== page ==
A longstanding challenge of financial planning has been the fact that its value is usually defined in intangible terms (e.g., “bringing peace of mind”) or at least over time horizons too long to effectively evaluate (e.g., “helping people achieve their long-term goals”). Yet arguably, the value of financial planning could be better quantified, by trying to measure how much economically better off clients are by engaging in financial planning strategies than what they would have otherwise done.
And in a recent research paper entitled “Alpha, Beta, and Now… Gamma” David Blanchett and Paul Kaplan of Morningstar have attempted to do exactly this – evaluating how the financial outcomes of retirees are improved by engaging in five financial planning strategies, from more effective asset allocation to dynamic withdrawal rate spending approaches to proper asset location decisions.
Quantifying the difference between the baseline and financial-planning-optimal strategies as “Gamma”, Blanchett and Kaplan find that good financial planning decisions increase retirement income by 29%, which is the equivalent of generating 1.82%/year of higher returns. Although there are some important caveats to the research, the new Morningstar paper may open the door to a wave of new research attempting to measure the “Gamma” of good financial planning.
Both investors and advisors are familiar with the concept of alpha and beta, where beta measures exposure to systematic risk (and the associated expected return), while alpha measures the excess (or negative) returns created beyond those simply due to market beta exposure.
According to the “Alpha, Beta, and Now… Gamma” Morningstar paper by David Blanchett and Paul Kaplan, Gamma – which follows alpha and beta in the Greek alphabet – is meant to measure “the additional expected retirement income achieved by an individual investor from making more intelligent financial planning decisions.” Thus, in principle Gamma is similar to alpha, in that it measures a form of excess return and value brought to the table. The difference, however, is that Gamma is a result of financial planning decisions, rather than investment decisions.
And notably, because Gamma represents the execution of more optimal financial planning strategies, it doesn’t necessarily have to average out to zero in the aggregate the way that alpha does. For instance, if every financial planning client generates retirement income in a more tax-efficient manner by properly locating investments in the correct account, then they can all simultaneously enjoy positive Gamma through optimal financial planning decisions.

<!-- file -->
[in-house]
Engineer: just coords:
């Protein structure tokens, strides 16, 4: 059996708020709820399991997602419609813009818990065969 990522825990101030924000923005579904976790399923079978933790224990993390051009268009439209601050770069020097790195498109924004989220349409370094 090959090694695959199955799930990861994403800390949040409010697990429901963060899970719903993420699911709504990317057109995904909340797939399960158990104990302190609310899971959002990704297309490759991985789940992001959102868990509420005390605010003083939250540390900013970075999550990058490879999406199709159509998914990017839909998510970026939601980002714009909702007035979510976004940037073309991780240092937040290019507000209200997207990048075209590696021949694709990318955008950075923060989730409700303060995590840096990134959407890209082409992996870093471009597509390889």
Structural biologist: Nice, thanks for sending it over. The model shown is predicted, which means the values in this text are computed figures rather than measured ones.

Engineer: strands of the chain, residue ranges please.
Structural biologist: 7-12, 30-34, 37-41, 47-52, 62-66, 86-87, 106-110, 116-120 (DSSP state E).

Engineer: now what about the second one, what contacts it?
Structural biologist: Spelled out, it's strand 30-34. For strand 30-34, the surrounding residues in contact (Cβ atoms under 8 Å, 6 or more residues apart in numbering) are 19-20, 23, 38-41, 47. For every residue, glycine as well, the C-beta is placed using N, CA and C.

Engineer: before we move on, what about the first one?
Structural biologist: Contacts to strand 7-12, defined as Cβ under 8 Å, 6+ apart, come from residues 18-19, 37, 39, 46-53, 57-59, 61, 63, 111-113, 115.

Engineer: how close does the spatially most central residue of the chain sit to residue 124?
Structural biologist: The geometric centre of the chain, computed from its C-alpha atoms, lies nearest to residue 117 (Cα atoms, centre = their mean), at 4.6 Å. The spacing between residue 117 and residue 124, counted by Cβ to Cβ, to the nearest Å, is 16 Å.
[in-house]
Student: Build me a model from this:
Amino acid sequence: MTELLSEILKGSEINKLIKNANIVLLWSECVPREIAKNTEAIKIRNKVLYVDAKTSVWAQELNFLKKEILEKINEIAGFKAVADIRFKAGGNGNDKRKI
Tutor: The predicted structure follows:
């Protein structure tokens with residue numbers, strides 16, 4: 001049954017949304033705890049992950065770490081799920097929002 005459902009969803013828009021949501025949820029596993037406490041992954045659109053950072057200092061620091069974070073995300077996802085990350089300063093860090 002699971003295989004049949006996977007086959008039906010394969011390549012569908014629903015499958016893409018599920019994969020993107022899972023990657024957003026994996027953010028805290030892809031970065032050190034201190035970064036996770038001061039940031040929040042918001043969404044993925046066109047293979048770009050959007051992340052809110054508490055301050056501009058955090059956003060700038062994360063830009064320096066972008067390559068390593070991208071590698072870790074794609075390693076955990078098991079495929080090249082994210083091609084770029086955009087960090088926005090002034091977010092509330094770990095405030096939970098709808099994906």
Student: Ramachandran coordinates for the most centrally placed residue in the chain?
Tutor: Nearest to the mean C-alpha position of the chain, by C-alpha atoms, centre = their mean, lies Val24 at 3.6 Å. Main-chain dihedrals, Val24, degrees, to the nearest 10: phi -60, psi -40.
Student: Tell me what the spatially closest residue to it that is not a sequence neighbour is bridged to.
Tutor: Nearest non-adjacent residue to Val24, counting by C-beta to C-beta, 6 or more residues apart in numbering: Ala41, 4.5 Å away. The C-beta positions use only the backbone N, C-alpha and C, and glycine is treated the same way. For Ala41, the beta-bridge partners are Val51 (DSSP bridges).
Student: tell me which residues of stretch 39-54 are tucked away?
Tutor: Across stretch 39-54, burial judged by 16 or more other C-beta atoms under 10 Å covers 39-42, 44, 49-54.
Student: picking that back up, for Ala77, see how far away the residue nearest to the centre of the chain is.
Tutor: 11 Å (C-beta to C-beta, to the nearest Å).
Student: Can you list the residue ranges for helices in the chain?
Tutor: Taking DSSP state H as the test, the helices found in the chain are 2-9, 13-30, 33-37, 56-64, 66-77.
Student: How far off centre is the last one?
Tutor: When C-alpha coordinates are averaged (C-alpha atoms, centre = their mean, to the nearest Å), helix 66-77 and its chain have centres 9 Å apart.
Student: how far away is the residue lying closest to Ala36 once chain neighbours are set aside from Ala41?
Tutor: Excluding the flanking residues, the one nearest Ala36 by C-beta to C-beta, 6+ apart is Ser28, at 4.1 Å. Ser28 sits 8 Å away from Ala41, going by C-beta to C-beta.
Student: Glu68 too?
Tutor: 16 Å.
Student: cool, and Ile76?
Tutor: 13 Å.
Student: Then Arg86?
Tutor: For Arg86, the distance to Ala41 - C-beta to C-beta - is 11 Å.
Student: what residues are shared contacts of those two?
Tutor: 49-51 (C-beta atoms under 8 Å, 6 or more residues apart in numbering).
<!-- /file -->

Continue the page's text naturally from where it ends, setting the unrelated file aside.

Although financial planning spans a tremendously broad range of potential decisions, in this paper, Blanchett and Kaplan start out by measuring Gamma for five specific retirement-based planning issues: determining asset allocation based on total wealth; applying a dynamic safe withdrawal rate strategy; incorporating guaranteed retirement income products (e.g., annuities); making tax-efficient allocation (i.e., asset location) decisions; and optimizing the portfolio by treating client cash flow needs as liabilities and matching investments and their risks appropriate to manage (and hedge) those liability needs.
Of course, in order to measure the excess/improved results attributable to such financial planning decisions, it’s also necessary to choose a baseline – what was the client assumed to do in the absence of financial planning guidance and wisdom. For instance, in terms of asset allocation, the client is assumed to simply allocate investment assets to be 20% in equities (the average for investors aged 65 to 95 in the 2010 Survey of Consumer Finances), compared to a financial-planning-efficient method that aims to be 45% in equities (to match the market portfolio of all public and non-publically-traded securities) and is adjusted for the net present value of fixed income streams (i.e., the NPV of Social Security is treated like a bond on the client’s balance sheet to determine asset allocation). Similarly, the dynamic withdrawal rate strategy – based on the “Mortality Updating Failure Percentage” approach outlined in “Optimal Withdrawal Strategy for Retirement Income Portfolios” by Blanchett, Kowara, and Chen (2012), is compared to a simply 4% safe withdrawal rate strategy that is not otherwise adjusted after the starting year (except for inflation adjustments).
So what’s the value of these various strategies? As noted earlier, the research concluded that the total benefit was approximately 29% higher retirement income, which was equivalent to generating 1.82%/year of excess return. The breakdown of the relative benefit by engaging in each of the strategies, from Table 5 of the paper, is shown below:
|Gamma Strategy||Additional Income||Gamma|